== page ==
Penicillin v potassium
What is Penicillin v potassium?
Phenoxymethylpenicillin, commonly known as penicillin V, is an antibiotic useful for the treatment of a number of bacterial infections. It is a penicillin that is orally active. It is less active than benzylpenicillin (penicillin G) against Gram-negative bacteria. Phenoxymethylpenicillin is more acid-stable than benzylpenicillin, which allows it to be given orally. It exerts a bactericidal action against penicillin-sensitive microorganisms during the stage of active multiplication. It acts by inhibiting the biosynthesis of cell-wall peptidoglycan. It is not active against beta-lactamase-producing bacteria, which include many strains of Staphylococci.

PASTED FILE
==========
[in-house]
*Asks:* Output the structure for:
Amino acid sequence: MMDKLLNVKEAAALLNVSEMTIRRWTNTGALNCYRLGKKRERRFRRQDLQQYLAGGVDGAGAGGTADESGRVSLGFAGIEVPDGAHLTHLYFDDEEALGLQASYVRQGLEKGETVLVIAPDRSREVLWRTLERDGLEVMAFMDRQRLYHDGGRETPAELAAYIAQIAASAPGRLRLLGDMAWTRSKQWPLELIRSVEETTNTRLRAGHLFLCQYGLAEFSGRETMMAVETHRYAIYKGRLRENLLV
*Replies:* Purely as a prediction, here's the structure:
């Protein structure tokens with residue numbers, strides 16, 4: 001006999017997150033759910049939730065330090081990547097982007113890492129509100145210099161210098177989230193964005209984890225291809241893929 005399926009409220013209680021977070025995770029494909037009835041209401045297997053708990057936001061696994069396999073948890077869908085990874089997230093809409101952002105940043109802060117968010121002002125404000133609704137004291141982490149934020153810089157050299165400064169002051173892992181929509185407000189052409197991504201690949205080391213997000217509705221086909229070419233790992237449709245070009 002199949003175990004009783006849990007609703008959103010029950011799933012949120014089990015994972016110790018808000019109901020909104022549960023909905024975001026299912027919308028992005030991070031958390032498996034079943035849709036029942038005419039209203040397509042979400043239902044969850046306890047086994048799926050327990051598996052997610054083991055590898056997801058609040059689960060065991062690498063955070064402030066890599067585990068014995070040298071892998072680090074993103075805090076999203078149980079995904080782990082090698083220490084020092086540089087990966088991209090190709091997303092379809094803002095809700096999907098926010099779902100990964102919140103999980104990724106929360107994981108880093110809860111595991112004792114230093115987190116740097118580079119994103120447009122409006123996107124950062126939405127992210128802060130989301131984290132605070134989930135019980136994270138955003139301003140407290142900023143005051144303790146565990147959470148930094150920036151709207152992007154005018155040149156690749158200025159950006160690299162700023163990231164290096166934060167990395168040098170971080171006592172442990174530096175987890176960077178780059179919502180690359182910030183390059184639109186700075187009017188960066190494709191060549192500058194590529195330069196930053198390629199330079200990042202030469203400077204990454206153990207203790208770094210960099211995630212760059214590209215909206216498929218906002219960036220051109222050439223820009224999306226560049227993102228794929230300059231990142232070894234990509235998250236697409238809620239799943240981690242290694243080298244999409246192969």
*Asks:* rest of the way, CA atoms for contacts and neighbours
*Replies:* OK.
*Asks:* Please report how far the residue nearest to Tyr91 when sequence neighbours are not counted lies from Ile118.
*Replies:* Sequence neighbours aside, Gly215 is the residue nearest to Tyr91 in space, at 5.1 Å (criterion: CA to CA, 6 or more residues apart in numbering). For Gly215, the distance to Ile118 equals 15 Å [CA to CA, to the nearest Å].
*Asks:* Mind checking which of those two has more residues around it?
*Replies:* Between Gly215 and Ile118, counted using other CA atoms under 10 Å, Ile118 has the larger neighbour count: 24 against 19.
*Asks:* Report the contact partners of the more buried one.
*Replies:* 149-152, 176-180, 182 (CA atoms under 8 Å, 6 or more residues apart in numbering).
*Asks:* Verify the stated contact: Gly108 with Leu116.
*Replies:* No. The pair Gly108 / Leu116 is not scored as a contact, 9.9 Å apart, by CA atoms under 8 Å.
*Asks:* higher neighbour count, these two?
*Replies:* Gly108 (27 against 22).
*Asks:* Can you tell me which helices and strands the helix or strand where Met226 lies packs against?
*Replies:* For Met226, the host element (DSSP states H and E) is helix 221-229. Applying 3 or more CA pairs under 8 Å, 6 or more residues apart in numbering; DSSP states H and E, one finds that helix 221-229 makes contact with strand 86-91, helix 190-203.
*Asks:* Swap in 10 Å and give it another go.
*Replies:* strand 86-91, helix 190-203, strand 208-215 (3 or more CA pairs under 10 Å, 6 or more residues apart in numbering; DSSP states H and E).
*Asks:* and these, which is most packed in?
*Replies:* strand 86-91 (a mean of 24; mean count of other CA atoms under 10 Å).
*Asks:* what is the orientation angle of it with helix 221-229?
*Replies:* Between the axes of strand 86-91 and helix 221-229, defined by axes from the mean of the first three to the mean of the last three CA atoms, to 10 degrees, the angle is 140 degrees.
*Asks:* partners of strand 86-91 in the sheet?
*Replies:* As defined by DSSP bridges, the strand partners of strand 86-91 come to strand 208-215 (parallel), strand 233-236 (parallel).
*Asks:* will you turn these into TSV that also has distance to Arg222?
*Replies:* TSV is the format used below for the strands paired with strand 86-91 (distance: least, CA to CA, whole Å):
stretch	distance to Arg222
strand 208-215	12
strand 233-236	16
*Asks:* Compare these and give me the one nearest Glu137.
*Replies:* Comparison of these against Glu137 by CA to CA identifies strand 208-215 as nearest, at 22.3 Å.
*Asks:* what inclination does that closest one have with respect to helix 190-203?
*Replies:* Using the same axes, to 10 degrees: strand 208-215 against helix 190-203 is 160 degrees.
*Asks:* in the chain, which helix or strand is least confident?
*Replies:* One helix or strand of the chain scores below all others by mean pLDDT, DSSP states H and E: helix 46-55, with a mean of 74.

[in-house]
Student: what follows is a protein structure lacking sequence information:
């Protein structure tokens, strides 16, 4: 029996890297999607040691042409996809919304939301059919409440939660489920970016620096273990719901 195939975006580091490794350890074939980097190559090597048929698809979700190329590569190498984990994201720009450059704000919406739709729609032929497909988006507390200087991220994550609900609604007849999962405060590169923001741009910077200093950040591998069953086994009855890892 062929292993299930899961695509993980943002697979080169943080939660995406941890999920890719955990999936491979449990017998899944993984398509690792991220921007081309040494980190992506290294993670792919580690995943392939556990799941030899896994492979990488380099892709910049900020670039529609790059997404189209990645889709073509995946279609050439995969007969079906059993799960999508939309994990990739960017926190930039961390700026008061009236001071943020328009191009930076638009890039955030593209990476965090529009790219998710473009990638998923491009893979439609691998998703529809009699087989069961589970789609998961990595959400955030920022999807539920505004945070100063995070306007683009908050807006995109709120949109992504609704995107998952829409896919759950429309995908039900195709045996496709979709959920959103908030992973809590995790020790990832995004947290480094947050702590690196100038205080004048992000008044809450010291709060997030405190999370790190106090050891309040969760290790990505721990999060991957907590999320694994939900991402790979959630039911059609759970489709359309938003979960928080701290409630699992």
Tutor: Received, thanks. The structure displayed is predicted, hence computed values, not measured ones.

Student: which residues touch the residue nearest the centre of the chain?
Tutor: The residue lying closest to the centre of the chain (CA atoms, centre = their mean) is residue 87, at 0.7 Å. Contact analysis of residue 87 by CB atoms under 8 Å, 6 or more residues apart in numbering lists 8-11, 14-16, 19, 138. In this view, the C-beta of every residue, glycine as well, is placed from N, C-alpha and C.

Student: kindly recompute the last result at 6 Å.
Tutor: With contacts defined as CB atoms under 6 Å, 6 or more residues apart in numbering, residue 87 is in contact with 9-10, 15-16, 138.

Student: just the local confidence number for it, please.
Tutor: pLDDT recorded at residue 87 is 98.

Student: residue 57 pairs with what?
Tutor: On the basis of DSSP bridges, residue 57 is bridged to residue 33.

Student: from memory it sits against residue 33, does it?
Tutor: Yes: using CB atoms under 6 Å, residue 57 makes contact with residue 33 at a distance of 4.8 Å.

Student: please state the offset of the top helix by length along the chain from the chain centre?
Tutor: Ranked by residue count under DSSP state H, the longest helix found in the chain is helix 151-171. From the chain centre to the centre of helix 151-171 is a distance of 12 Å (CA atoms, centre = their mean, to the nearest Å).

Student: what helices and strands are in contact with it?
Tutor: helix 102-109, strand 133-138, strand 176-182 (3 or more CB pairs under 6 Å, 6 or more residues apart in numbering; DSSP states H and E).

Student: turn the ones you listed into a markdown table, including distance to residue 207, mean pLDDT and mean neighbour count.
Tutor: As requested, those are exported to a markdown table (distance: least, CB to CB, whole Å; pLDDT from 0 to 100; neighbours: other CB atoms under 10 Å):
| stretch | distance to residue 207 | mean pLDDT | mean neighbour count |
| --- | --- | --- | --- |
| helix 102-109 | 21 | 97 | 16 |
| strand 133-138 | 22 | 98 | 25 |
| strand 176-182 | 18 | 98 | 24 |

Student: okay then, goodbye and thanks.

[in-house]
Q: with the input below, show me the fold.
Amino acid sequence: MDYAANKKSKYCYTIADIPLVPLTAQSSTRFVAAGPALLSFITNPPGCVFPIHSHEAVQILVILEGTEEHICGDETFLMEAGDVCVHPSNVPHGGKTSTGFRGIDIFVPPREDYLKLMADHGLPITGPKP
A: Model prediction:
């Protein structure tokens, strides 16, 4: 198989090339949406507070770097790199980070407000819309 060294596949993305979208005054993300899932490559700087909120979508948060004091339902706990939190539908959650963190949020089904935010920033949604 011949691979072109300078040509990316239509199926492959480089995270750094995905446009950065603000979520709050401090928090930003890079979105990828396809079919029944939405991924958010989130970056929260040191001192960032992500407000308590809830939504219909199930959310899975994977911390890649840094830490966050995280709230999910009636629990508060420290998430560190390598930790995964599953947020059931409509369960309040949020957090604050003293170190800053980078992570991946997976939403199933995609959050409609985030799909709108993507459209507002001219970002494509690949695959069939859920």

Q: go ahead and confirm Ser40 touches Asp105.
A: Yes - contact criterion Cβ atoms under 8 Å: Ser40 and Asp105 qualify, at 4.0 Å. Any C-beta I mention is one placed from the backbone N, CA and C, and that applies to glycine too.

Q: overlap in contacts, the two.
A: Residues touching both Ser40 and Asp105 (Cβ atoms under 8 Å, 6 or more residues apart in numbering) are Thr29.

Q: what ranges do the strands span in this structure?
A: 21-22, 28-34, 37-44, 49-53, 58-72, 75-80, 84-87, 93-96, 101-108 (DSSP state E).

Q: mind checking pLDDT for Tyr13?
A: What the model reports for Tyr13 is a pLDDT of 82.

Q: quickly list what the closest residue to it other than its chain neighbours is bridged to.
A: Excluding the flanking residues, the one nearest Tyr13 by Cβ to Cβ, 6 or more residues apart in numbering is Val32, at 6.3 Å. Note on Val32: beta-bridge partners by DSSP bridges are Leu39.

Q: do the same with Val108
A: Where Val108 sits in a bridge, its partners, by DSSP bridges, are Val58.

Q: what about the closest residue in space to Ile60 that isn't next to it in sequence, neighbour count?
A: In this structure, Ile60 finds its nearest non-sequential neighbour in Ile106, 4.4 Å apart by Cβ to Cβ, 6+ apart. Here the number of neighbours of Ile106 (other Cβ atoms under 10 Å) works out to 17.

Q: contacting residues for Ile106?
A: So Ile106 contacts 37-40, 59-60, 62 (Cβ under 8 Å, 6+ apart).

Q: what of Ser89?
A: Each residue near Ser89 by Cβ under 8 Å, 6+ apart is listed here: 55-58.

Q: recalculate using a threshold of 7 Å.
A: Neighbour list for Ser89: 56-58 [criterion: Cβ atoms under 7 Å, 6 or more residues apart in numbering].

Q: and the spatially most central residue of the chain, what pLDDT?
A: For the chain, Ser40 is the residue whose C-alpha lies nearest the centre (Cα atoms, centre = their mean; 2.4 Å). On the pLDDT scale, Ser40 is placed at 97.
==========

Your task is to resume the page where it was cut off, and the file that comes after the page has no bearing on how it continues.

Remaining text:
Phenoxymethylpenicillin has a range of antimicrobial activity against Gram-positive bacteria that is similar to that of benzylpenicillin and a similar mode of action, but it is substantially less active than benzylpenicillin against Gram-negative bacteria.
Phenoxymethylpenicillin is usually used only for the treatment of mild to moderate infections, and not for severe or deep-seated infections since absorption can be unpredictable. Except for the treatment or prevention of infection with Streptococcus pyogenes (which is uniformly sensitive to penicillin), therapy should be guided by bacteriological studies (including sensitivity tests) and by clinical response. Patients treated initially with parenteral benzylpenicillin may continue oral treatment with phenoxymethylpenicillin once a satisfactory clinical response has been obtained.
For prophylaxis against rheumatic fever, phenoxymethylpenicillin given by mouth twice a day is used as an alternative to injections of benzathine penicillin given every two weeks. It is on the World Health Organization's List of Essential Medicines, a list of the most important medication needed in a basic health system.